Microbiology of neonatal and childhood infections

Microbiology of neonatal and childhood infections

  • Created by: jeejay
  • Created on: 28-12-13 15:20
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  • Microbiology of neonatal and childhood infections
    • Congenital infections
      • transmitted vertically from mother to child
      • can occur any time during pregnancy
        • varied presentation, non specific signs, wide range of severity, serological diagnosis,
          • examples of clinical features, rash, thrombocytopaenia, cerebral abnormalities, microcephaly, hepatosplenomegaly, hepatitis, jaundice
      • Toxoplasmosis, Rubella, HIV, Hepatitis B, syphilis, Torch, Toxo, other, rubella, cytomegalovirus, HSV, HIV
        • Toxoplasmosis 60% asymtomatic at birth, long term sequealae, deafness, low iq, microcephaly, 40% symptomatic choroidenitis, microcephaly, hydrocephalus, intracranial calcification, seizure, jaundice, hepatosplenomegaly
        • Congenital rubella syndrome, mitotic arrest of cells, angiopathy, growth inhibitor effect
          • eyes, cataracts, microphtalmia, glaucoma, retinopathy, cardiovascular disease, pda, pas, asd, vsd
          • ears, deafness, brain, microcephaly, developmental delay , bone disease, growth retardation, hepatosplenomegaly, thrombocytopenia, rash
        • cmv, hsv, rash
    • Neonatal infections
      • 1st 6 weeks of life, if born early, adjusted to for expected birth date, can become ill rapidly, treat at first site of infection,
        • immature host defence, less maternal IgG there is early and late onset,
          • Early onset, within 48 hours of birth
            • Group B strept
              • gram + catalase negative, beta haemolytic, lancefield group b, bacteraemia, meningitis, joint infection
            • e. coli
              • gram negative, meningitis, uti
            • Listeria monocytogenes
            • investigations
              • fbc, crp, blood culture, deep ear swab, csf, surface swabs, cxr
              • Ventilation ? Circulation ? Nutrition ? Antibiotics: e.g. benzylpenicillin & gentamicin
            • early onset sepsis risk factor
              • mternal
                • preterm labour
                • fever
                • foetal distress
                • meconium staining
                • previous history
              • baby
                • aphyxia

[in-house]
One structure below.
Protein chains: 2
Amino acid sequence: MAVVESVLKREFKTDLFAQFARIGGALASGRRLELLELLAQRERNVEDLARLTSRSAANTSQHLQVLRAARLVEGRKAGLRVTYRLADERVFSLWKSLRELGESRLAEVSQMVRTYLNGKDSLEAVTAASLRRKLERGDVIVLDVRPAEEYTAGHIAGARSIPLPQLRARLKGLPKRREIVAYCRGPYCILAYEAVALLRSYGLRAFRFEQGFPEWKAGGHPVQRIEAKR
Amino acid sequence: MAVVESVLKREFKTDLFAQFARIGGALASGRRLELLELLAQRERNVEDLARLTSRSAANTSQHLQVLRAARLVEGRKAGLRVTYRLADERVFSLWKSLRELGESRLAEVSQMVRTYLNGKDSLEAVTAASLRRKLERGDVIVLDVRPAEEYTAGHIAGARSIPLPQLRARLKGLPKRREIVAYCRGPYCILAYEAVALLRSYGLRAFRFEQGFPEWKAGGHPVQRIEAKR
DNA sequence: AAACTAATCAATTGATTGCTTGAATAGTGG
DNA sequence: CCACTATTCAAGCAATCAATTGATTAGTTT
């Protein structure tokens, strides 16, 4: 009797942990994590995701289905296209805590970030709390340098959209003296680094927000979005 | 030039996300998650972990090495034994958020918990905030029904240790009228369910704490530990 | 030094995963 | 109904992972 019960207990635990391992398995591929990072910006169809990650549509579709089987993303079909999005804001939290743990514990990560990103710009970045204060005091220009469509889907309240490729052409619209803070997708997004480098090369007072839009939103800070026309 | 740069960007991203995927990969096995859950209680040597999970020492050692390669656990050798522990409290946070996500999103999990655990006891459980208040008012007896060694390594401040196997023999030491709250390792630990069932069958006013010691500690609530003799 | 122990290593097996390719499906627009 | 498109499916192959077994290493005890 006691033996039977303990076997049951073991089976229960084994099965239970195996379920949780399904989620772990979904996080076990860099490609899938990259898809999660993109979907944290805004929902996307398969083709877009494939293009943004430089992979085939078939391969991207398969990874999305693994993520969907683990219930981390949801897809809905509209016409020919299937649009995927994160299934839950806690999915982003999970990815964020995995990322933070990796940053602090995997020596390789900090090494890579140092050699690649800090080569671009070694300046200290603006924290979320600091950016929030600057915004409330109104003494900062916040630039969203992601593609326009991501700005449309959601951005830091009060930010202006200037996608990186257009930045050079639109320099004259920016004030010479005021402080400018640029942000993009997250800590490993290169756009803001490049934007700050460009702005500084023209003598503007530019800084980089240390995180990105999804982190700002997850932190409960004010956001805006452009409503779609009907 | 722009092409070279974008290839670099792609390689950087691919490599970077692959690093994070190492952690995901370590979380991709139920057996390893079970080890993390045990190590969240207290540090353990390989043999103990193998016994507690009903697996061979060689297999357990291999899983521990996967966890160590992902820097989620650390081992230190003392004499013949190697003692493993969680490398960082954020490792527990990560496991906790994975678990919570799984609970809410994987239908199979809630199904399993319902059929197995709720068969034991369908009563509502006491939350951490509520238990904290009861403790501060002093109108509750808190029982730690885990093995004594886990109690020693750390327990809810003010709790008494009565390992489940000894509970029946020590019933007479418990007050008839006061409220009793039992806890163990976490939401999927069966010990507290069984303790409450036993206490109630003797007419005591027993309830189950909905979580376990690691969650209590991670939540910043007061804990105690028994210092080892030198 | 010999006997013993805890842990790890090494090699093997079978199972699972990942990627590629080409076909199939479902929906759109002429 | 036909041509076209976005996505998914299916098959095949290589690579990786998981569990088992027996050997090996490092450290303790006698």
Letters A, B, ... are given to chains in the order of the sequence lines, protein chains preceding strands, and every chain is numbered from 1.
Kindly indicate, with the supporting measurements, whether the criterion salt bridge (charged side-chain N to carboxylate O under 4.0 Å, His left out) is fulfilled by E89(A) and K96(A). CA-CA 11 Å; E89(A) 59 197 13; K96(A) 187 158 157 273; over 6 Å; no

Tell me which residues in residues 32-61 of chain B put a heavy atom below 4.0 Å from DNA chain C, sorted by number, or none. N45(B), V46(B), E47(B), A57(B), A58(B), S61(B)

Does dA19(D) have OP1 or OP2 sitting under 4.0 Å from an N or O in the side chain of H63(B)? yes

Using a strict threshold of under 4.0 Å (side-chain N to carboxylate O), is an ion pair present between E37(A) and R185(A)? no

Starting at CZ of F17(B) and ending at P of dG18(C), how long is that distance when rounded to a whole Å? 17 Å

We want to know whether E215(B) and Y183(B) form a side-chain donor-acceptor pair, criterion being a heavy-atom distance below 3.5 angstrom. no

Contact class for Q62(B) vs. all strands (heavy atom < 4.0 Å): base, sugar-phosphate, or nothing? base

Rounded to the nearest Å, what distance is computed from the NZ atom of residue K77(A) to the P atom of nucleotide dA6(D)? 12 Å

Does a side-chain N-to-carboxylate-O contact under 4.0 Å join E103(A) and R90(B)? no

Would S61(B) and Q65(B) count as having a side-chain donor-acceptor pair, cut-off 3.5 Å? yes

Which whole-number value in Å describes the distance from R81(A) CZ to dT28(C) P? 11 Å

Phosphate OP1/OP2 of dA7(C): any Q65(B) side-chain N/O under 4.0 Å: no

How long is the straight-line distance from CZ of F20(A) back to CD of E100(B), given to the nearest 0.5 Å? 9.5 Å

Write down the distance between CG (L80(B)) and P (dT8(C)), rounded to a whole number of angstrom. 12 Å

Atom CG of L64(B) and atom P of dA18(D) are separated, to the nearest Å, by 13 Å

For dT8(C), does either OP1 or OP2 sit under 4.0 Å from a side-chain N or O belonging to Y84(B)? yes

• resp distress
          • Late onset
            • group b strept
            • listeria monocytogenes
            • s, ureus
            • enterococci
            • gram negatve
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            • fbc, crp, blood culture, urine, et secretions if ventilated,
            • Review and stop antibiotics if cultures negative and clinically stable  ? NICU-Example of antibiotics for late onset sepsis: ? 1st line: Flucloxacillin & gentamicin ? 2nd line: Pipericillin/tazobactam & vancomycin ? Community acquired late onset neonatal infections: cefotaxime, amoxicillin +/-gentamicin
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    • Infections during childhood
    • recurrent infections
    • Infections during childhood
      • Viral infections are very common e.g. Chickenpox (VZV); Herpes simplex – cold sores/stomatitis; HHV6; HHV8; EBV; CMV; RSV; enteroviruses etc
      • Common non-specific symptoms: ? Fever ? Abdominal pain
      • Investigations: ? FBC ? CRP ? Blood cultures ? Urine ? +/- Sputum; throat swabs etc
      • MEningitis
        • 1. clinical features
          • rash occurs
        • Blood cultures ? Throat swab ? LP for CSF if possible ? Rapid antigen screen ? EDTA blood for PCR ? Clotted serum for serology if needed later#
          • Raised WCC – mainly polymorphs? Gram stain – may see organisms e.g. meningococci; pneumococci etc. ? High protein and low glucose ? Rapid Antigen test on CSF may be positive. ? Culture may grow the organism – yields sensitivity data ? If it doesn't grow, PCR may be positive
      • Streptococcus pneumniae
        • gram + pneumonia, bacterameia meningtitis
        • vacinnation programme in 2000


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